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I-84 reopens following rockslide

Water drains Monday afternoon from the newly cleared slope face at milepost 61 on Interstate 84, now fully open for the first time in five days.

Photo by Ben Mitchell.
Water drains Monday afternoon from the newly cleared slope face at milepost 61 on Interstate 84, now fully open for the first time in five days.

To the great relief of travelers and Columbia River Gorge businesses, all lanes of Interstate 84 opened Monday afternoon following the cleanup of a weather-related landslide that forced the closure of the freeway’s eastbound lanes for several days.

The landslide, which occurred a mile west of the West Hood River off ramp (exit 62), let loose more than 3,000 cubic yards of material Wednesday evening from a rock face on the south side of I-84. The debris tumbled into a jersey barrier located along the right eastbound lane of I-84 and pushed the barrier all the way into middle of the freeway’s eastbound lanes.

The incident caused the Oregon Department of Transportation to initially shut down all of I-84 eastbound from Troutdale to Hood River. One lane of I-84 westbound was also closed from milepost 61.5 to 60 near the landslide.

The closure caused a great deal of disruption to the normal flow of traffic through the Gorge as cars and semis were detoured to the narrower, slower, and curvier State Route 14 in Washington. At times, traffic could be seen backed up all the way over the Hood River Bridge and down SR 14 for nearly two miles. The situation was so bad at times that the Port of Hood River allowed motorists to pass through the toll plaza without paying in an effort to dislodge the gridlock.

To make matters worse, SR 14 suffered its fair share of landslides over the weekend, causing even further delays. The Washington State Department of Transportation reported that the agency responded to 29 reports of falling rocks on SR 14 just Friday morning alone and responded to another nine on Saturday morning. WSDOT also decided to close the highway’s westbound lane 10 miles east of Stevenson while crews worked to remove loose rocks from a basalt cliff face that was threatening the safety of motorists.

While drivers sat in traffic on SR 14, ODOT employees and contractors were busy working on their own problematic rock face on the other side of the Columbia. Dave Thompson, spokesperson for ODOT, reported that crews rappelled down the rock face and used crow bars and air bladders to break off any pieces of loose rock that posed a potential danger.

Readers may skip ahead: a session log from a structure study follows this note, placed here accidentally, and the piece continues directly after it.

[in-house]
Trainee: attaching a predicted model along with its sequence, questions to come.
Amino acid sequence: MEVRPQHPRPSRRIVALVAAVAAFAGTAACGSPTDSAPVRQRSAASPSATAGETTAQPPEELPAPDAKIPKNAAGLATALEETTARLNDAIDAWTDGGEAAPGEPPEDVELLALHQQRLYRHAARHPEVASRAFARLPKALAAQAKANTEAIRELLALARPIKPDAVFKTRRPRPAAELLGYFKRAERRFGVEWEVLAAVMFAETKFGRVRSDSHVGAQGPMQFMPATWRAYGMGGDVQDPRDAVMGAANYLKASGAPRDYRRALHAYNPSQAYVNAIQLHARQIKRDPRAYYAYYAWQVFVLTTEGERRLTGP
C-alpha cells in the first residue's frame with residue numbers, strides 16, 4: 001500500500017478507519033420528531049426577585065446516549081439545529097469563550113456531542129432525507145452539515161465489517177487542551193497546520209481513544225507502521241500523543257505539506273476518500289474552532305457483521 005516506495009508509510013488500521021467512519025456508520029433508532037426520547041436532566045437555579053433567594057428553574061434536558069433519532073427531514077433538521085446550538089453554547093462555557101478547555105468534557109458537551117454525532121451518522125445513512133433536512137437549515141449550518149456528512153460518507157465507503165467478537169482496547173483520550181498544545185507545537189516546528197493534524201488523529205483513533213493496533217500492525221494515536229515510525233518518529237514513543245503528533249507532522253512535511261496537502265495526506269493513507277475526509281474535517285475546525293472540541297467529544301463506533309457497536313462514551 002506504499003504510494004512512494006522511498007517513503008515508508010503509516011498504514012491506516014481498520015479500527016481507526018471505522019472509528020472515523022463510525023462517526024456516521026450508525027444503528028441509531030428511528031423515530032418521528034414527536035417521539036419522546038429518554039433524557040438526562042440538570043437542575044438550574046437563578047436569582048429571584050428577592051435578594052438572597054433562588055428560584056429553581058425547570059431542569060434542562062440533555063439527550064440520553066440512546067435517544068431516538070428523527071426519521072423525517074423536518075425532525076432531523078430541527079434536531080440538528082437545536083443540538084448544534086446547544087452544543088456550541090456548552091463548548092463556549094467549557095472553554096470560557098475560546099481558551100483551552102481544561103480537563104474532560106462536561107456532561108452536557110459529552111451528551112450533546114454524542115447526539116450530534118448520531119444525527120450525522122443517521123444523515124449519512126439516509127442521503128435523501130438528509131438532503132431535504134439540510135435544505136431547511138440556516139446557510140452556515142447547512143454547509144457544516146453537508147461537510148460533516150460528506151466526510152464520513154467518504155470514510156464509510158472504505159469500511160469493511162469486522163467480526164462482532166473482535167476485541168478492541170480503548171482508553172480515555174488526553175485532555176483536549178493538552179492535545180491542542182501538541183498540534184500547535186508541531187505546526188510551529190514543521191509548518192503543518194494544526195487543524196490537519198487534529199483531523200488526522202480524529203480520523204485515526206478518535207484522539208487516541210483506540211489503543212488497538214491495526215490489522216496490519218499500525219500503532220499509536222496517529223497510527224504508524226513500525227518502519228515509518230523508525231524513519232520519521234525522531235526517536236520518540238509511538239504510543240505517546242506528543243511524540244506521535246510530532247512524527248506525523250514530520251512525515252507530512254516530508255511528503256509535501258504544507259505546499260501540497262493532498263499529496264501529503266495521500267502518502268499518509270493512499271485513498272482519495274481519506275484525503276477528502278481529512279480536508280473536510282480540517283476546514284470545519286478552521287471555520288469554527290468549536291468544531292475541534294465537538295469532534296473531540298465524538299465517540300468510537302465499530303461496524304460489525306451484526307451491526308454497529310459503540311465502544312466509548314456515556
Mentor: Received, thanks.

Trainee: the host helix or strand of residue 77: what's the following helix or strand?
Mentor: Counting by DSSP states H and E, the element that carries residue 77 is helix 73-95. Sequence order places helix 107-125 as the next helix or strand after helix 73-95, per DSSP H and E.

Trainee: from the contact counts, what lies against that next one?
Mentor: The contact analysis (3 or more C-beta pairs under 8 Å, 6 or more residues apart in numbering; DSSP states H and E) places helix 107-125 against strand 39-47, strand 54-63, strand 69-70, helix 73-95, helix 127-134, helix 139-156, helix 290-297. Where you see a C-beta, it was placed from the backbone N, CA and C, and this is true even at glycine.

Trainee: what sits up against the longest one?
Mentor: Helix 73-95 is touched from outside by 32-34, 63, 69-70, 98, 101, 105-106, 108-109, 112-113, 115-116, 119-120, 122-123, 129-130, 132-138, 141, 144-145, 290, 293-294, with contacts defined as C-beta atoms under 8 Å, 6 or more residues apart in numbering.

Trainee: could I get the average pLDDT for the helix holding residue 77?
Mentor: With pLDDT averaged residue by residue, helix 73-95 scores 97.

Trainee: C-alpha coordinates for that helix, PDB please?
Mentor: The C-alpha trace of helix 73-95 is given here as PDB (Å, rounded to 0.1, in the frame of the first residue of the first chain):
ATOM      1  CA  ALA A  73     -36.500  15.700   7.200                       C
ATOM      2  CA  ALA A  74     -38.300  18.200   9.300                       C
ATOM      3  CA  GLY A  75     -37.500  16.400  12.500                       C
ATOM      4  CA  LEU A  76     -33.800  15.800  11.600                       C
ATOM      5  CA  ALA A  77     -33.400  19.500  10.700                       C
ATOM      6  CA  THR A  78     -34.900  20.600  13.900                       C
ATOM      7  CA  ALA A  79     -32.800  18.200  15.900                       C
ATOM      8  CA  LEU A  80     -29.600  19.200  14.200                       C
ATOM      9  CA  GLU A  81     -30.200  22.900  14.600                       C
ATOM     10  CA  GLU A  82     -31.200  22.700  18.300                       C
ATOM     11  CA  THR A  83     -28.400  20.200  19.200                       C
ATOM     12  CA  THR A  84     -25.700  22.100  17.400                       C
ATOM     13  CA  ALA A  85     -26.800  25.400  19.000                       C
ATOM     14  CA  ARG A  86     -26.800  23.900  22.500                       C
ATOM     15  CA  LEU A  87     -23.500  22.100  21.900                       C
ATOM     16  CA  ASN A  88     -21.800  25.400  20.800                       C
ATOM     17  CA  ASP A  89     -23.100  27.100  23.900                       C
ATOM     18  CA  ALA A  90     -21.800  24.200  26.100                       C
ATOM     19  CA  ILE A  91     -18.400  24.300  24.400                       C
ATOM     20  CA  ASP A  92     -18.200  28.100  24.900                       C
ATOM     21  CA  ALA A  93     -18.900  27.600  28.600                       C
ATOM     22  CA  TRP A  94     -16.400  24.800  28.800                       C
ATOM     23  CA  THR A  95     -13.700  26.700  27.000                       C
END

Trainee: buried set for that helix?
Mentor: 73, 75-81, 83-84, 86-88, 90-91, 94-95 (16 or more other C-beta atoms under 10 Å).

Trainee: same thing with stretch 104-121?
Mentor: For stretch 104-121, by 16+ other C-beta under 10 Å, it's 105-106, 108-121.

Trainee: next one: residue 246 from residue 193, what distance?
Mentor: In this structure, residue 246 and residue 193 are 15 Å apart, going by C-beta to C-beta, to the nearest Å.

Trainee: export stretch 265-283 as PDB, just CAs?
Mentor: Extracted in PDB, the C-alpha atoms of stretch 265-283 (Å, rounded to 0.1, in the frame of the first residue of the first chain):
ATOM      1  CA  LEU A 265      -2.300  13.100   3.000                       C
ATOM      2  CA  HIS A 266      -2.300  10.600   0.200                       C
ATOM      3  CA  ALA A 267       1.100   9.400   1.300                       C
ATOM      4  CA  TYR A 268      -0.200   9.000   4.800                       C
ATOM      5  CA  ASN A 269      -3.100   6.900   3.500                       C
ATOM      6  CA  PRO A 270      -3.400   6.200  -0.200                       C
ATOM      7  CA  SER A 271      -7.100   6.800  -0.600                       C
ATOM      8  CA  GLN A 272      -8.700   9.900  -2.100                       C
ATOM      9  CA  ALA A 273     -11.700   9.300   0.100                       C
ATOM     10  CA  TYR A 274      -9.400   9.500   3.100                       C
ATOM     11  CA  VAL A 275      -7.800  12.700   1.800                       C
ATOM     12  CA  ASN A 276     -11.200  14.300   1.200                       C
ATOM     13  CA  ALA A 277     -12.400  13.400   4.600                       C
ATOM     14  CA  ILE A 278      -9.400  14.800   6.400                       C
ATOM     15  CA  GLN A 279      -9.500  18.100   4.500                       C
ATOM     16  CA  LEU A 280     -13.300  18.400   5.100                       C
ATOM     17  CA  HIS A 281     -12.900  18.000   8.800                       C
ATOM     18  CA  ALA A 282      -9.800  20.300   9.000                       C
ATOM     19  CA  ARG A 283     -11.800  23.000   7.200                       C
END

On Saturday, the efforts to haul away the rubble kicked into high gear and Thompson said crews literally worked around the clock to remove more than 3,000 cubic yards of debris — the equivalent of filling more than 300 dump trucks to capacity.

Where did all the rubble go? According to the city of Mosier, the rock that fell during the landslide was carted to the ODOT quarry located within the city limits because it was the “only site having sufficient size at a reasonable proximity to the rock fall site to allow for immediate stockpiling of the debris.” The city reported that 500 cubic yards of the material will be able for use in a current stream restoration project on the now-more-than-ever appropriately named “Rock Creek.” The rock could be made available for other projects, and the city noted that “having the resource on site will decrease the cost of these city projects significantly.”

Thompson was asked how much it cost ODOT to remove and truck the rock away, but he said it was “too soon” to provide a cost estimate.

ODOT also performed a large rock removal project in the exact same area after a landslide in January 2004 forced the closure of I-84. Thompson said the agency installed rock anchors and drains to help mitigate the impacts of future rock slides, but did not have an estimate readily available as to how much that project cost. A 2006 News story quoted Thompson as saying the project was budgeted at $1.5 million, but the final bill was expected to be much less.

When asked if that project could be considered a success in light of the recent landslide, Thompson responded that those efforts “got us nine years,” and added that the project was never meant to stop landslides altogether — just reduce their frequency.

“The truth of the matter is more will come down over time,” he explained, adding that “erosion is not something we can stop.”

Thompson said ODOT will continue to monitor the area for the time being for safety purposes.

“We’ll be giving that the extra eye,” he said. “It’s not something you just walk away from and say, ‘Yeah, we’re done.’”

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